TED Conversations

Caroline Phillips

CEO/President, Entrepreneur & muscian


This conversation is closed.

What can we do, as citizens to promote tolerance in our daily lives ?

You're in a meeting. Someone tells a joke ... it's about a jew, a black guy, that pushy feminist, that gay guy... What do you do ?

You're waiting in line and you see someone ethnic/different being badly treated by a bank teller/government worker/cashier.

You're at a party where Dave, your friend's husband is gay-bashing again.

At school, you hear a kid use a racial epithet when yelling at another kid.

What kind of attitude do you adopt ?
If you do say something... what do you say ?
How can and does your behavior affect others ?

If you have stood up for the underdog and for tolerance, how did it affect your relationship with friends, clients, business partners or significant others ?

Tolerance ... definition :
"The capacity for or the practice of recognizing and respecting the beliefs or practices of others."


Closing Statement from Caroline Phillips

Thank you all for your wonderful contributions to this conversation about Tolerance with a capital "T".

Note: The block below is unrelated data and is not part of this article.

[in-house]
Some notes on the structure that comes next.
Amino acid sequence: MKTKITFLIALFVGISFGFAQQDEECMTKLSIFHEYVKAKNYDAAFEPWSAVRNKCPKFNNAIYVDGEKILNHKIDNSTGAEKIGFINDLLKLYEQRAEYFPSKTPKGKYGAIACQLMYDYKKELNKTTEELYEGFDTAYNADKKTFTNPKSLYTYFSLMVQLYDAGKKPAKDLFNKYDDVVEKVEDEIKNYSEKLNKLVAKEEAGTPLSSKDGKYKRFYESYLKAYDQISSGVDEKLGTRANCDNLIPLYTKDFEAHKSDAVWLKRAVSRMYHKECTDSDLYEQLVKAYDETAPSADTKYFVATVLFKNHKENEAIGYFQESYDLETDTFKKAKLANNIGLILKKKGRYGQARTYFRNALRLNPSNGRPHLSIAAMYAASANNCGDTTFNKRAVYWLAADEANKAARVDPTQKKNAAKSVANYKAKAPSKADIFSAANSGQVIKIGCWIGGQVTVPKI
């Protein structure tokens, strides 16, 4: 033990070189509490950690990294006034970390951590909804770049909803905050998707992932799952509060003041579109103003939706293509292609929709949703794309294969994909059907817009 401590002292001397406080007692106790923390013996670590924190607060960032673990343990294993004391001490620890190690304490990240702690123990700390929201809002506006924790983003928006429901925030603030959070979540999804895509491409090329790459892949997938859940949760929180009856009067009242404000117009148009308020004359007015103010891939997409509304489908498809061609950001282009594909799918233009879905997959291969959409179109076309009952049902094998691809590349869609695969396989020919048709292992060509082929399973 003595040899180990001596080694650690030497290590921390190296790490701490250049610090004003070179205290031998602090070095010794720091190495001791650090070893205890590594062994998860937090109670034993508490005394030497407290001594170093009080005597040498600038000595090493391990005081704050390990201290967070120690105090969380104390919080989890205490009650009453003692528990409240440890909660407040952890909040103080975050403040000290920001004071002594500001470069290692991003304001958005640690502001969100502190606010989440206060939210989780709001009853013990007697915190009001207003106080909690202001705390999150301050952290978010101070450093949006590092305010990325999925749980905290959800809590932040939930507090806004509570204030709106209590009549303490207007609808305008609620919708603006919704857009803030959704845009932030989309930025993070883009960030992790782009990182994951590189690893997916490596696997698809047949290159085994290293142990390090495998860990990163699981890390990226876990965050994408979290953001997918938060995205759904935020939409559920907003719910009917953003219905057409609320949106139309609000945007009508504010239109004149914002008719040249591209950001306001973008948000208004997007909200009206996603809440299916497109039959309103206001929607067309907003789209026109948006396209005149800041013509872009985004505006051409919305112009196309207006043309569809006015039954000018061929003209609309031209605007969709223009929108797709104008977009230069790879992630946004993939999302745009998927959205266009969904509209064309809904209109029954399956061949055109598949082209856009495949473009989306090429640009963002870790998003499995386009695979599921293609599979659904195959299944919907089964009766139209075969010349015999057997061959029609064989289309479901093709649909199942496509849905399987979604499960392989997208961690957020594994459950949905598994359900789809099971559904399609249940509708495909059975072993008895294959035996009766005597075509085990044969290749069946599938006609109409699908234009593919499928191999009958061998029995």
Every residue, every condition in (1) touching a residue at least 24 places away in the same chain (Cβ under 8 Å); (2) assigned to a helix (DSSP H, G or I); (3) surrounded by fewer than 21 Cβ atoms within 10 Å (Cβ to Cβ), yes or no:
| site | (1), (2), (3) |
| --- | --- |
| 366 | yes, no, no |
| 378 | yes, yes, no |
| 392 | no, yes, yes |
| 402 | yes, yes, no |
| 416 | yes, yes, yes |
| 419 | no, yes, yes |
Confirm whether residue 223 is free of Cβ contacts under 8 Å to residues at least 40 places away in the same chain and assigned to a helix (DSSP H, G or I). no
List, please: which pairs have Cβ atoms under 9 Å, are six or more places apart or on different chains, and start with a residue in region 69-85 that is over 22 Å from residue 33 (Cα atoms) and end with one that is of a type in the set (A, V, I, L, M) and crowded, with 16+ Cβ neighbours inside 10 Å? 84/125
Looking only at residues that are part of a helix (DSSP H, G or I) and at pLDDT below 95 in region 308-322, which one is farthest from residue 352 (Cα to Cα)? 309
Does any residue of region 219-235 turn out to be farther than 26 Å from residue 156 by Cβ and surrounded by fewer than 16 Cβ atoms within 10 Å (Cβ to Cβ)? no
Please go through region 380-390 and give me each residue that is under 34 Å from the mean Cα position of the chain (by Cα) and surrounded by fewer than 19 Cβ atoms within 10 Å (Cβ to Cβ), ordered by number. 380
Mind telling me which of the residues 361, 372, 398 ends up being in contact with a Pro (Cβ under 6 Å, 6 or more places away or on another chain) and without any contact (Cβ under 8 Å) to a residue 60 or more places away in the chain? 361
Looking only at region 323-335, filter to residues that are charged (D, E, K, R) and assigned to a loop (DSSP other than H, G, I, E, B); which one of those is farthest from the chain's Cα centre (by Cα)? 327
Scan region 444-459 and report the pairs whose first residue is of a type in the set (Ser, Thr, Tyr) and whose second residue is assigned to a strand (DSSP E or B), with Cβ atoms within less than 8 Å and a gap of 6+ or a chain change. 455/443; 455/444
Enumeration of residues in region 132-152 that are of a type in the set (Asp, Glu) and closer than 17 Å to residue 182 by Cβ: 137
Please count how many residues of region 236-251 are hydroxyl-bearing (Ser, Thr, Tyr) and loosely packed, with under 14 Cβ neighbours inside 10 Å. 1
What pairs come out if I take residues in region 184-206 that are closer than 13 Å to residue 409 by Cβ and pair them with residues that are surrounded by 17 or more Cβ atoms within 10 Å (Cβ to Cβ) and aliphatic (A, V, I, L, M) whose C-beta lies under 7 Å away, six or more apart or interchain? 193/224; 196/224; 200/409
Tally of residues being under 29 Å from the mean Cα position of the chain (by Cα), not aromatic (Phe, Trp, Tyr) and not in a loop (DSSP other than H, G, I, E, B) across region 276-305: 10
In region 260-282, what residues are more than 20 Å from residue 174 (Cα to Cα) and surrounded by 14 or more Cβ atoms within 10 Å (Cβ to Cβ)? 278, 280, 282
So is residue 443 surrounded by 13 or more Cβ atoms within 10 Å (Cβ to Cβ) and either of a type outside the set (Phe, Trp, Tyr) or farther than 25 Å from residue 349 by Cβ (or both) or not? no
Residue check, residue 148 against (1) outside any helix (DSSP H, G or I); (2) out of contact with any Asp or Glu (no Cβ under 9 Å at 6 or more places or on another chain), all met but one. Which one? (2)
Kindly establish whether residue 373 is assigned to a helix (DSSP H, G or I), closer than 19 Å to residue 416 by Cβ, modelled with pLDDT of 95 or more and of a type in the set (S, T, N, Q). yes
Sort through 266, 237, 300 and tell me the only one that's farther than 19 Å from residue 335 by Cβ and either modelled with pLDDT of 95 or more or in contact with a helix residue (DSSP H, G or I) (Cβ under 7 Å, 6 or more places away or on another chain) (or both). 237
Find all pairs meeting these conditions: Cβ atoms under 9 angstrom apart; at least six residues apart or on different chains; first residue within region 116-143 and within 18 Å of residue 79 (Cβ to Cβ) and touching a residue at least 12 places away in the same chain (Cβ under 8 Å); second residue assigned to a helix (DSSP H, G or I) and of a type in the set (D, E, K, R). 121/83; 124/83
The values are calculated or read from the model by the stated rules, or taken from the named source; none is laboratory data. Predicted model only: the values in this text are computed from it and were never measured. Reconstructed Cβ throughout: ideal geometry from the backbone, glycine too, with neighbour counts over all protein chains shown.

I've learned quite a bit from you and I think it's a wonderful testimony to the magic of TED that so many nationalities participated in this conversation. I feel a lot like Mary Saville : I too tend to get too emotional and engaged about intolerant things I'm hearing so I can produce the opposite effect and be too agressive and intolerant. I'll aspire to be more like Robert Jaffe when adressing intolerant people, to react swiftly but not humiliate.

Susan B. writes "Standing up for the underdog, does not make life happy for you. You are looked at as not being a team player, going against the norm and going against the grain."

My concluding thoughts : Unfortunately I don't live in a "TED world", so standing up for the underdog will often be a perilous endavour, but I'm willing to take the chance.

Hugs to all.

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    May 14 2011: We have a saying like that `Soz gumusse, sukut altindir.` in Turkish. to keep silence in such a joke is better than to make some addition to it. Maybe they enjoy to make fun of a black guy/gay/jewish/muslim/French,etc. But I think telling bad things and change the atmosphere in there is not needy. If they were ones who know the meanings of what they kidding about(as you), they'll never do such way of talks.

    So, there's no need to hurt people(no matter if they are close people or stranger). I do this.

    If you don't want to keep silence? Use the brain which your creator putted it on the top point of your body,

    Did you see any other Turkish people around who talk in my style of thought? So, make some creative steps and people start following your behaviour. Like the way I do now...

    And never forget my motto: `Your tolerance to other people's worths, draws down your country's borders.`

    Talip Ozdemir

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